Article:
Some sentimental Brooklynites sadly recall the demolition of Ebbets Field, in the winter of 1960; someone had misguidedly repainted a wrecking ball to make it look like a baseball.Well, there are not so many of those Brooklynites any more, and a heck of a lot happened between the departure of the Dodgers and the arrival of the arena. My comment:
Instead they might do better to focus on the Barclays Center, opened in 2012, which symbolizes Brooklyn’s current economic rebound and its reacquisition of major league sports. Barclays Center happens to stand near one of those parcels of land that Walter O’Malley tried to acquire 60 years ago, when he was imagining that modernistic domed stadium that might keep the Dodgers once and for all in Brooklyn.
Mr. Beschloss recognizes that "urban governments routinely do somersaults to keep professional sports teams happy," yet casually pronounces that "the Barclays Center... symbolizes Brooklyn’s current economic rebound and its reacquisition of major league sports."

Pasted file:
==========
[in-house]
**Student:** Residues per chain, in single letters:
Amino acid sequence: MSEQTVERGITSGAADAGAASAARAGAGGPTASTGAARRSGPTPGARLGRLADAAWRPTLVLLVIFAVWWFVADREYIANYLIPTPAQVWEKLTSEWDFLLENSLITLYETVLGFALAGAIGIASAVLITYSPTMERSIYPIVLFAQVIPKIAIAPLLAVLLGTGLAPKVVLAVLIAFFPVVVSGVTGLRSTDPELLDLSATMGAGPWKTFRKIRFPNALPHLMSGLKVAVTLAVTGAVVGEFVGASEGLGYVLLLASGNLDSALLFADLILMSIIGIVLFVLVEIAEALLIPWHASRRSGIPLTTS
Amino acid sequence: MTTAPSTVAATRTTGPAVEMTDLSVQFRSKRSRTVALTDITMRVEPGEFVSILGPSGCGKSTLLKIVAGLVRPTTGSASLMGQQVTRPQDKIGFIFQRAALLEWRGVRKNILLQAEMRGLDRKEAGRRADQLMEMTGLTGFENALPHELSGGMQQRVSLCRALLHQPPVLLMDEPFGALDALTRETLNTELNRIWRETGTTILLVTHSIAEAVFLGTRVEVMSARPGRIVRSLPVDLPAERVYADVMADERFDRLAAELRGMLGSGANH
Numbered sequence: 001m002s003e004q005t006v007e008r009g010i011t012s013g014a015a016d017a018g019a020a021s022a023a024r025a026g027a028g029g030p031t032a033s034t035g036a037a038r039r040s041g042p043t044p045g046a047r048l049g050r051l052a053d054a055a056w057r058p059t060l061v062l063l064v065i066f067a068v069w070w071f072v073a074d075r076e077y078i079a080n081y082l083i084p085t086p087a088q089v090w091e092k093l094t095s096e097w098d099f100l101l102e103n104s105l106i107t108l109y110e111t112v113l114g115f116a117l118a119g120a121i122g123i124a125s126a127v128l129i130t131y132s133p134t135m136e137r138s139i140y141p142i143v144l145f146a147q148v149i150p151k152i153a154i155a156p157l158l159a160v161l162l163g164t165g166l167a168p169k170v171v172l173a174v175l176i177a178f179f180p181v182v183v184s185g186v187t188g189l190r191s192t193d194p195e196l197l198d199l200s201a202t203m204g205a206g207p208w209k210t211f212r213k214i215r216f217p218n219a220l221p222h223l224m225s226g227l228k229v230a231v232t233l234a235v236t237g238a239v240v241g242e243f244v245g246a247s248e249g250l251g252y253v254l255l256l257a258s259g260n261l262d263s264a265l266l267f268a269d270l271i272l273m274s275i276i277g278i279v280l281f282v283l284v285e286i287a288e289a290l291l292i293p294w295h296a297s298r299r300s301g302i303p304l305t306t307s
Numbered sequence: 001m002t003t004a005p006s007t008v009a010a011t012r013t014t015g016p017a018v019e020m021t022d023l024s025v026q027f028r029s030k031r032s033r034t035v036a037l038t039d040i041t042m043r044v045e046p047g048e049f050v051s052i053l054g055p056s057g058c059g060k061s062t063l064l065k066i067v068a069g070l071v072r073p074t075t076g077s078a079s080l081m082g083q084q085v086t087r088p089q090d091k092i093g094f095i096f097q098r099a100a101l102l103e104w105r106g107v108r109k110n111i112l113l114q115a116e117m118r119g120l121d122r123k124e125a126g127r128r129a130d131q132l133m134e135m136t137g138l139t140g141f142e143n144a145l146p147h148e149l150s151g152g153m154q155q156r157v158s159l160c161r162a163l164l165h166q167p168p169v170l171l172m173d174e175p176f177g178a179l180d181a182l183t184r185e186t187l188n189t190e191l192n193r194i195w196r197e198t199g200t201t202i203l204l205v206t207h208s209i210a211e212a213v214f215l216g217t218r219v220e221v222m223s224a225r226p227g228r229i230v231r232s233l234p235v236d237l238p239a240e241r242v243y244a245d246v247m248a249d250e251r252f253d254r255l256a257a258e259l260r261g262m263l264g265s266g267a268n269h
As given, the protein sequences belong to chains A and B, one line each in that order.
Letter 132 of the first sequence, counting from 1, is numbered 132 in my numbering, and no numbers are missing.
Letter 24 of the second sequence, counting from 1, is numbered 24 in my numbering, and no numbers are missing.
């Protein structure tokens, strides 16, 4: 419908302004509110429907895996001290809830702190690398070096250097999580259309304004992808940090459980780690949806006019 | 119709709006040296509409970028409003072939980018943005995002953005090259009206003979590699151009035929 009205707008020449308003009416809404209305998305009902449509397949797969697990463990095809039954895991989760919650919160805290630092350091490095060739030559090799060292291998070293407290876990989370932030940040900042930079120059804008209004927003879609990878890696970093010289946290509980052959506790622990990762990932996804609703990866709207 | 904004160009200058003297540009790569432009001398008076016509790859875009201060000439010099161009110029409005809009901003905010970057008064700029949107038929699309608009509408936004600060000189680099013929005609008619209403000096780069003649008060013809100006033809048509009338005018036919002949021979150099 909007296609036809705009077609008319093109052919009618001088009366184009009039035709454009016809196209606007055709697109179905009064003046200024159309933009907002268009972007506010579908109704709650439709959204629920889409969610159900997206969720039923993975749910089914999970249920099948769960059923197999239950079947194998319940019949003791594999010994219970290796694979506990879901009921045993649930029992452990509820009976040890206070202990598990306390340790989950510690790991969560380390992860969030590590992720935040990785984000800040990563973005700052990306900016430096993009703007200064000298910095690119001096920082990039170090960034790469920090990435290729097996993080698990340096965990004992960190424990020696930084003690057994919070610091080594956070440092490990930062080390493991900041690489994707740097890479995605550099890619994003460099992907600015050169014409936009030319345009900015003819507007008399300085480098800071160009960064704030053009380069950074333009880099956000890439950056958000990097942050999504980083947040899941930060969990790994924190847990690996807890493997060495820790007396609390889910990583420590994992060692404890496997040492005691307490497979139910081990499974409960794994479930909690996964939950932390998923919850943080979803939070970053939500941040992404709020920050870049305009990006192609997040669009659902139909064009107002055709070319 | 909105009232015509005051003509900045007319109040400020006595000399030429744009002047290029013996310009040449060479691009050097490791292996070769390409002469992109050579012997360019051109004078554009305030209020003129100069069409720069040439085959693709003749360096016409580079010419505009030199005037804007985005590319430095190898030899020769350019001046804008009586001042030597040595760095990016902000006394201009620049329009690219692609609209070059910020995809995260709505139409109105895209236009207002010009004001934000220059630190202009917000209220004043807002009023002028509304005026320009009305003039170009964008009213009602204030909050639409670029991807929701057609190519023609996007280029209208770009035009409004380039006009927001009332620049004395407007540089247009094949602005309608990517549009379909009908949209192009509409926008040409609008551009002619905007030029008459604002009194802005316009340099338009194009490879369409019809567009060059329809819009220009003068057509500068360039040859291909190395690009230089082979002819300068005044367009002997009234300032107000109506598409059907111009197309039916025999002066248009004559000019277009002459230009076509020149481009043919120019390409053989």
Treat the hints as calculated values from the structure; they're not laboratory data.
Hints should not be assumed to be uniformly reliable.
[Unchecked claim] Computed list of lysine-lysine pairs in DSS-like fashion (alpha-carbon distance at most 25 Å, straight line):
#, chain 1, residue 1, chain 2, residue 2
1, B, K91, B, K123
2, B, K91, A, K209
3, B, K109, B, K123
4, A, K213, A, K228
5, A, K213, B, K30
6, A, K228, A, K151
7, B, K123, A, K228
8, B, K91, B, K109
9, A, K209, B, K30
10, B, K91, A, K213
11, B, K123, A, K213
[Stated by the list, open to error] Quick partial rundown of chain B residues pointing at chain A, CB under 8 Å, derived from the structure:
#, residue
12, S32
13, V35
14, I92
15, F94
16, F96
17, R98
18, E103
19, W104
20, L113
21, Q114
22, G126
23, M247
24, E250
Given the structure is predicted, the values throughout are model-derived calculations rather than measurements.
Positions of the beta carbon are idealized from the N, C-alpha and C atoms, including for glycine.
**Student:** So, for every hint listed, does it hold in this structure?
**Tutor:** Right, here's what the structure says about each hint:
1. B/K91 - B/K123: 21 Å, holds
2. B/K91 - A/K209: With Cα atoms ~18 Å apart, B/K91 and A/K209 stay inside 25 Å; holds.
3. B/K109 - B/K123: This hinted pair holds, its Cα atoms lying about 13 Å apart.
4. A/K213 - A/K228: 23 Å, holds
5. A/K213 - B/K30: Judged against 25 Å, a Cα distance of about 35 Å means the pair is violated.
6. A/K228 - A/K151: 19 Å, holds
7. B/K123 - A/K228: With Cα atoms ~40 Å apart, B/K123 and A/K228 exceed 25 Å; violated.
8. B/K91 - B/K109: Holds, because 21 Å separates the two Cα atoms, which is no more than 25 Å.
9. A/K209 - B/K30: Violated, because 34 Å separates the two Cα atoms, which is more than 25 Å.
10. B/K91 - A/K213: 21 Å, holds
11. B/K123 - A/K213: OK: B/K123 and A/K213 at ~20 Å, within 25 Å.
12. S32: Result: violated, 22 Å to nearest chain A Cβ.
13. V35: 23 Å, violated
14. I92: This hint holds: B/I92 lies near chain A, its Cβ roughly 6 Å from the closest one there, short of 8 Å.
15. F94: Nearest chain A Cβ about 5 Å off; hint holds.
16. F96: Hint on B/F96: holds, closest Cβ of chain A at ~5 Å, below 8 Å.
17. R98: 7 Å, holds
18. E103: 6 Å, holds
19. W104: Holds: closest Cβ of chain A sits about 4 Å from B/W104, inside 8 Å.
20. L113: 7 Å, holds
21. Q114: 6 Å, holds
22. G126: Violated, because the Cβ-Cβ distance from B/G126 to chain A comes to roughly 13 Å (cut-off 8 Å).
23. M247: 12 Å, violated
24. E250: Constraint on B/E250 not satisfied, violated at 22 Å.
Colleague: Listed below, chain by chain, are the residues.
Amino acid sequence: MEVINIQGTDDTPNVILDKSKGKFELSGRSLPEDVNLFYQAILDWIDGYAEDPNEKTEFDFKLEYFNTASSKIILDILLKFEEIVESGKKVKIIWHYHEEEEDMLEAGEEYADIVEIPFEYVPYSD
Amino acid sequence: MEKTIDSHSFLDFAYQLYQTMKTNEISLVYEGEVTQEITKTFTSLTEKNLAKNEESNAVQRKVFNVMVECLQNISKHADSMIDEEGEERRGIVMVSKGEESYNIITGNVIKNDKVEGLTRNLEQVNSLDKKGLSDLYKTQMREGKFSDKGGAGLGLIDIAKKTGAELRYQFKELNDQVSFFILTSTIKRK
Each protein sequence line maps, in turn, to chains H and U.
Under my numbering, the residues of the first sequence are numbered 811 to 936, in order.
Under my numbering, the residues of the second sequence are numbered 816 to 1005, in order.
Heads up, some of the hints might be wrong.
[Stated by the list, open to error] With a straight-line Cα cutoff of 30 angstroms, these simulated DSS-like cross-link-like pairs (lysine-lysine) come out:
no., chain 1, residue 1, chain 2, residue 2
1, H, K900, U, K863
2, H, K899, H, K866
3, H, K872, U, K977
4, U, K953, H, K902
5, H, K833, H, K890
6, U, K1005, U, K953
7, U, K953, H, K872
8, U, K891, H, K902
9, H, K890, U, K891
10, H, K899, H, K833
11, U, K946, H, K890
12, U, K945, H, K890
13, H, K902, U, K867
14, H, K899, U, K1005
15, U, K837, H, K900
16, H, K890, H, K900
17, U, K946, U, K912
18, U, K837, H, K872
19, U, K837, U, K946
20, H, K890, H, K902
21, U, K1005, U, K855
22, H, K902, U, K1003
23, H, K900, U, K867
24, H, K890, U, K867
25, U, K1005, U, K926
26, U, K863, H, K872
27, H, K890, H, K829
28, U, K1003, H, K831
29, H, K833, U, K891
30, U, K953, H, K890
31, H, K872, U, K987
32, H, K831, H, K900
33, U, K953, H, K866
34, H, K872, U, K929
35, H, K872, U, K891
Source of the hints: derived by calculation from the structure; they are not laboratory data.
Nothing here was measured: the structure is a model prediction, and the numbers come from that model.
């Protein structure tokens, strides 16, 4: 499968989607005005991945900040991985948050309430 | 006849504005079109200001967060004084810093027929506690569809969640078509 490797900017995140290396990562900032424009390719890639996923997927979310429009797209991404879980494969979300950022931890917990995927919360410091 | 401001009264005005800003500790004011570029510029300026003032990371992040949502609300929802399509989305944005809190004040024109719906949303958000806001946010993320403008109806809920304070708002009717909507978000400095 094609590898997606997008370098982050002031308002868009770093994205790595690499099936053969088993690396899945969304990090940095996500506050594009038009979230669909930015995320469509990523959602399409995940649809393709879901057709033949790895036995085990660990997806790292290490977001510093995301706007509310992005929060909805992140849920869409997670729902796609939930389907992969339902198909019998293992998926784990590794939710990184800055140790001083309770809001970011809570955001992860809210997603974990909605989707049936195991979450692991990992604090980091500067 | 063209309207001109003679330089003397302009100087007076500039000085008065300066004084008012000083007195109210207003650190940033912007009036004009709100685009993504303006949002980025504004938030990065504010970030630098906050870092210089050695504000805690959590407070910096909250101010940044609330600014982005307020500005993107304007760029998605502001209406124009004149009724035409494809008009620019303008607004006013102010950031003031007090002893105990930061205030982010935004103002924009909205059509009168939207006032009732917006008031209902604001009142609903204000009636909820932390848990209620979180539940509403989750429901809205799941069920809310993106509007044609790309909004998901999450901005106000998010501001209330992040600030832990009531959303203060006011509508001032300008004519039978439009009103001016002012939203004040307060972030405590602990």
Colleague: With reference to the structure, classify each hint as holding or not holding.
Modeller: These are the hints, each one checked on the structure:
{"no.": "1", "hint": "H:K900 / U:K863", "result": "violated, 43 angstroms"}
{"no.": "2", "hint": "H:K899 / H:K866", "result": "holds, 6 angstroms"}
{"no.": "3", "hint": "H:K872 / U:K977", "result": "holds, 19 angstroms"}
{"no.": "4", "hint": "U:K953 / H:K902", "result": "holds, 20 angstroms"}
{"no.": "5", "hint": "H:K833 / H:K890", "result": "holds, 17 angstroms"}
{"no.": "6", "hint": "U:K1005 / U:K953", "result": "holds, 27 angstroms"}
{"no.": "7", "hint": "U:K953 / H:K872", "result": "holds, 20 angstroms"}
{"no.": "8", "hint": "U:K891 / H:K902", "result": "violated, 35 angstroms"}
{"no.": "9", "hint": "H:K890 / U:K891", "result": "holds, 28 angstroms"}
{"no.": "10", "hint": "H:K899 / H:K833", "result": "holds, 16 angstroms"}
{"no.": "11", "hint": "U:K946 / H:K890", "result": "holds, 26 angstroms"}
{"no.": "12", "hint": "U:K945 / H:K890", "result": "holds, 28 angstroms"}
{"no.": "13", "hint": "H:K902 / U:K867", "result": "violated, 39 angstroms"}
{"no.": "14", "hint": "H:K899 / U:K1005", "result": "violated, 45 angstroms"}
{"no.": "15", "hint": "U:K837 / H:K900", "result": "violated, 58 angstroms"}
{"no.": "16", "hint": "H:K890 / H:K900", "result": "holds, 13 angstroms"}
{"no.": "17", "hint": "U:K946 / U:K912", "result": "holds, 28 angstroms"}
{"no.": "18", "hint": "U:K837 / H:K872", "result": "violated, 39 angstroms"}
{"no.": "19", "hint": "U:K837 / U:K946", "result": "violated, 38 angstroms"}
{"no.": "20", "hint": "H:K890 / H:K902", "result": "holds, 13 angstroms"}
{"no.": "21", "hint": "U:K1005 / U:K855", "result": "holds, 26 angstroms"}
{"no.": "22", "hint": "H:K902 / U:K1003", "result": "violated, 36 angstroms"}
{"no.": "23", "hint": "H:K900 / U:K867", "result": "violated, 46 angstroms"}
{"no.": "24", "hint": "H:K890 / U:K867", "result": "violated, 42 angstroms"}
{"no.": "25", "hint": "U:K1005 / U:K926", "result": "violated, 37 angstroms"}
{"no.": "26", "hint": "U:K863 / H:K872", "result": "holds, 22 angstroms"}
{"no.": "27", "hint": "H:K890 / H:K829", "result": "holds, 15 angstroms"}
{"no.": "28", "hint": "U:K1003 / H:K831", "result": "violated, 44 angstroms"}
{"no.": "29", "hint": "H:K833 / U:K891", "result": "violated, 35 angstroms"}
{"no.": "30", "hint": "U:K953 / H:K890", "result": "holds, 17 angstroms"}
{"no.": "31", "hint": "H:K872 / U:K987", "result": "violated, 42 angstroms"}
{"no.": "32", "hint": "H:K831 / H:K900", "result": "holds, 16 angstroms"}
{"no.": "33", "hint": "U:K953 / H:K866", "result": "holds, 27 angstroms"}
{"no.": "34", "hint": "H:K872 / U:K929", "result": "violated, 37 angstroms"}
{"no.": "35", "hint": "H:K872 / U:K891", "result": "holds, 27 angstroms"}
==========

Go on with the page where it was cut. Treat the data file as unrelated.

The Barclays Center may be prominent, but that doesn't mean it symbolizes Brooklyn's economic rebound. The seeds for that rebound were planted decades ago, when middle- and upper-middle-class homeowners began investing in rowhouse neighborhoods and new waves of immigrants came to the borough.
Since then, waves of better-off residents and creative types have arrived, prompting various pronouncements about Brooklyn's rebound. The Barclays Center should be seen as riding those waves.
While the "somersaults" turned by the city and state for the Barclays Center are more complicated than in other cases, they are significant: direct subsidies, tax breaks, tax-exempt financing, below-cost public land, & an override of zoning to enable much larger buildings (remember, the arena was used to leverage control of a 22-acre site, with 16 towers).
As for the shorthand regarding the "reacquisition" of major league sports by Brooklyn, a historian knows that, other than in Green Bay, WI, where the locals own the team, Brooklyn doesn't own the Nets or the (coming) Islanders. Very rich men do, profiting from public support.